I AM THE CHANGE: THE BLACK WOMEN’S AGENDA, INC. 41ST ANNUAL SYMPOSIUM TOWN HALL & AWARDS LUNCHEON
Weeks away from one of the most hotly contested midterm elections on record, The Black Women’s Agenda, Inc. (BWA) recently hosted its 41st Annual Symposium Town Hall and Awards Luncheon, underscoring the importance of action and activism and encouraging civic engagement.
The Town Hall challenged more than 800 participants to be catalysts for change – change for themselves, their families, and communities. The forum featured a panel of journalists, politicos, and educators who reminded attendees that maintaining a democracy is every citizen’s responsibility. Panelists included: moderator Sheinelle Jones, NBC News Co-Anchor and MSNBC Host; Michael Steele, Maryland Lieutenant Governor from 2003-2007 and former Chair of the Republican National Committee; CNN Political Commentators Symone Sanders and Tara Setmayer, and Cornell Belcher, progressive pollster and political strategist and Founder and President, Brilliant Corners Research & Strategies. Jones also presided over a second workshop that offered advice on living your best life at every age. Among the featured speakers were Sharon Epperson, CNBC Senior Personal Finance Correspondent; Maya Rockeymoore Cummings, President and CEO, Global Policy Solutions, LLC, and Dr. Glenda Glover, President, Tennessee State University and International President, Alpha Kappa Alpha Sorority, Inc.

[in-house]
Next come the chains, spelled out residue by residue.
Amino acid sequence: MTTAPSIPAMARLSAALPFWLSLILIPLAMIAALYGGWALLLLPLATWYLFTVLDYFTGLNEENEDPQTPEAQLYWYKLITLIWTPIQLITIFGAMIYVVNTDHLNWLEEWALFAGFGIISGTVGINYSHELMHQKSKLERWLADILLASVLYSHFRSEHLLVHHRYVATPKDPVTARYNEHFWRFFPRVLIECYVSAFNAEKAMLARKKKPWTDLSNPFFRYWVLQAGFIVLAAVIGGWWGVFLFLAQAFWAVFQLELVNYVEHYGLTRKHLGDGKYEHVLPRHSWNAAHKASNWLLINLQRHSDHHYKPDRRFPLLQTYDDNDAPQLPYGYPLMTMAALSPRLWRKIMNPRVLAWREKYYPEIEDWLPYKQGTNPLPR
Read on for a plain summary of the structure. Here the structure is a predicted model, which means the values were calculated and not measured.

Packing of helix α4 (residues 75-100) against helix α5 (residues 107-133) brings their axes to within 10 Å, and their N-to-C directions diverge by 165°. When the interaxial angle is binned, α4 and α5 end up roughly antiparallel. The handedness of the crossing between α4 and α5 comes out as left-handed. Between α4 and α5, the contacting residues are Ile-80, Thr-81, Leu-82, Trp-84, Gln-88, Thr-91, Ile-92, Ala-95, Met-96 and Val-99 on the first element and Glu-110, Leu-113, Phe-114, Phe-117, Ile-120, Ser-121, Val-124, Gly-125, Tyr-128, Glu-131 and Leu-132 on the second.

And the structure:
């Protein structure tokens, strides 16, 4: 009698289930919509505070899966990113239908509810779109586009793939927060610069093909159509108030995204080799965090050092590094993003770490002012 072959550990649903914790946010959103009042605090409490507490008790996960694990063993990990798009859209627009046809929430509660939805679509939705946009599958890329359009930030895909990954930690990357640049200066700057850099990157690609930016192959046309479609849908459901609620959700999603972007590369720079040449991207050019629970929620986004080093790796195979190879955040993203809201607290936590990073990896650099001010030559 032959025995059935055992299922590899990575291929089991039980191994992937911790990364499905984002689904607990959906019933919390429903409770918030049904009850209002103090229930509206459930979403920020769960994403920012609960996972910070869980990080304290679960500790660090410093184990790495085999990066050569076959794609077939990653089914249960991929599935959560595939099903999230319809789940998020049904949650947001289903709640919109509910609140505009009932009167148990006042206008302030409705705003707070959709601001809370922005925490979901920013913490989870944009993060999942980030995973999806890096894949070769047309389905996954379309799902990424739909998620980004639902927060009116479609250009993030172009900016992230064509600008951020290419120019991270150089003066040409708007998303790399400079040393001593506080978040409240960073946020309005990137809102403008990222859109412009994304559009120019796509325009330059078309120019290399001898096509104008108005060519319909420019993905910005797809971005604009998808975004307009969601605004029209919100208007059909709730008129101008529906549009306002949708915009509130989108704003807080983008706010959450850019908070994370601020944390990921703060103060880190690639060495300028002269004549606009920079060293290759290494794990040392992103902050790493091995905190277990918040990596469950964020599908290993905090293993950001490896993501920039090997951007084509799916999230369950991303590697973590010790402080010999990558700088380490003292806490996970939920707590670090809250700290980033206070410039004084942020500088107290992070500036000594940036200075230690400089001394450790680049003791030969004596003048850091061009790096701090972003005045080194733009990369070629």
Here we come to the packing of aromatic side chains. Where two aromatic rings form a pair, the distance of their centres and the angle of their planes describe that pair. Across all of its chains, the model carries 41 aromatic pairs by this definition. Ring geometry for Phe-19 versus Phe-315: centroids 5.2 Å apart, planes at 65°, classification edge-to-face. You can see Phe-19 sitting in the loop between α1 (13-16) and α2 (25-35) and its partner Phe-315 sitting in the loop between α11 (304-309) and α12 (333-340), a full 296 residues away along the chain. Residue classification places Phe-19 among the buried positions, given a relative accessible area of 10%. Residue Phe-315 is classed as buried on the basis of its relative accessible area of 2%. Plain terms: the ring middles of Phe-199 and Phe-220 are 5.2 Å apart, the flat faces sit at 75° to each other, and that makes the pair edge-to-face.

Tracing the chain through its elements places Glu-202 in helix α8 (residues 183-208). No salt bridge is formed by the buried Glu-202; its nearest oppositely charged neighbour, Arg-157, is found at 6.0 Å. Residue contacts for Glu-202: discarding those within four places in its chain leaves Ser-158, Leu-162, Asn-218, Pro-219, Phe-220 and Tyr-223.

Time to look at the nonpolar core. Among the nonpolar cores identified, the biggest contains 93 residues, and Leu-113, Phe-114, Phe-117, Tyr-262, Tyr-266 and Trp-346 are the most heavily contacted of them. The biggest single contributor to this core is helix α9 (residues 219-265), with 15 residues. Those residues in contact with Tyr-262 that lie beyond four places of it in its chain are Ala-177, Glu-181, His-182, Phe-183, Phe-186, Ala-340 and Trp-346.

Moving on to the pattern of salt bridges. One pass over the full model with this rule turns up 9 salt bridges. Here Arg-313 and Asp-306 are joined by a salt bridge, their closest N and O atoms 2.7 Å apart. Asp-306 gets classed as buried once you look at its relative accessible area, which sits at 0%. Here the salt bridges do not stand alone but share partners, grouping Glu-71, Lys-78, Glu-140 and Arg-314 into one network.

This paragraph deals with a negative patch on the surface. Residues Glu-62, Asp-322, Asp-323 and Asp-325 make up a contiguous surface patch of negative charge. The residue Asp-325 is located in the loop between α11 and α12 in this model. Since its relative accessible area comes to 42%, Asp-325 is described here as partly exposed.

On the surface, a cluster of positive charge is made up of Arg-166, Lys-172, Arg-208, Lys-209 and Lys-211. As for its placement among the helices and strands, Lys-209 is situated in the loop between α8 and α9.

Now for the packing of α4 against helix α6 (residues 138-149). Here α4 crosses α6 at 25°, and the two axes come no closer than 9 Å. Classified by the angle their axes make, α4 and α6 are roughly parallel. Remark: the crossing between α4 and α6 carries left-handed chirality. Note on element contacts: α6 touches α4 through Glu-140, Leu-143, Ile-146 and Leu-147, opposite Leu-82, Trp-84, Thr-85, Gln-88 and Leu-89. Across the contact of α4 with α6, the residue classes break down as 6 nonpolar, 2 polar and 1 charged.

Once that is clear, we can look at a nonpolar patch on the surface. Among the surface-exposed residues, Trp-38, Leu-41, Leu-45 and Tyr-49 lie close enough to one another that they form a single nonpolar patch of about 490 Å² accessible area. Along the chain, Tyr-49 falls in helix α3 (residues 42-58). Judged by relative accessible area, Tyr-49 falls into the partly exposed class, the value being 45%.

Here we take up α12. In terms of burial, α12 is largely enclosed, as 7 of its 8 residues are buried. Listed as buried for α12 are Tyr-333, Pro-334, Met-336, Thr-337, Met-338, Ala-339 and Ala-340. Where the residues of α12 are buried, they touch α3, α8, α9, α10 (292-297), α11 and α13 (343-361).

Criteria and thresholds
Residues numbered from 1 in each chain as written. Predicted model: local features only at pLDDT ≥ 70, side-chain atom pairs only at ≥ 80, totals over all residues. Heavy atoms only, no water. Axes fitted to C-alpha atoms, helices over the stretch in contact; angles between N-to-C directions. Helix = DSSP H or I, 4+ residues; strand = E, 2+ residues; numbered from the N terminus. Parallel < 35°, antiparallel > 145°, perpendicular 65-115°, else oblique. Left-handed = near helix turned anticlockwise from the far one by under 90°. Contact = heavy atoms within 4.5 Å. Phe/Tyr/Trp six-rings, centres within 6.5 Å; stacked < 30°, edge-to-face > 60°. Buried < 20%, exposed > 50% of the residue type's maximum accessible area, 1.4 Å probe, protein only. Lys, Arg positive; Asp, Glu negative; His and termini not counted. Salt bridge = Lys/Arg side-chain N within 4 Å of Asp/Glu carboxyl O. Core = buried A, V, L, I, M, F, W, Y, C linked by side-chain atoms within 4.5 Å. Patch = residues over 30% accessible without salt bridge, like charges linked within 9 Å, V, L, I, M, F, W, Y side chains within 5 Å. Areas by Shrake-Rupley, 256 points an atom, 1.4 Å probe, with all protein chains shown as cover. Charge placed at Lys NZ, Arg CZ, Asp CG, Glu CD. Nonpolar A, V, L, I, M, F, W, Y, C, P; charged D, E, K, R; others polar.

“History has its eyes on us, to borrow a phrase, and it’s not just about what our elected officials do in terms of steering the course of this country. It’s what we do,” said Gwainevere Catchings Hess, President, The Black Women’s Agenda, Inc. “Inspiring women to live their best lives requires that we remind them that they not only have a stake in this society but a moral imperative to try to leave this world better than they found it.”
During the Annual Awards Luncheon, a standing-room-only crowd of more than 1,700 elected officials, journalists, corporate and community leaders and members of BWA’s 21 National Collaborating Organizations honored eight women as the personification of action, activism and civic engagement.
Recipients of this year’s BWA awards included:
The Democratic Party’s nominee in the 2018 Georgia gubernatorial election. A lawyer, author, and businesswoman, she is the first Black woman to be a major party’s gubernatorial candidate in the United States
Dr. Helene D. Gayle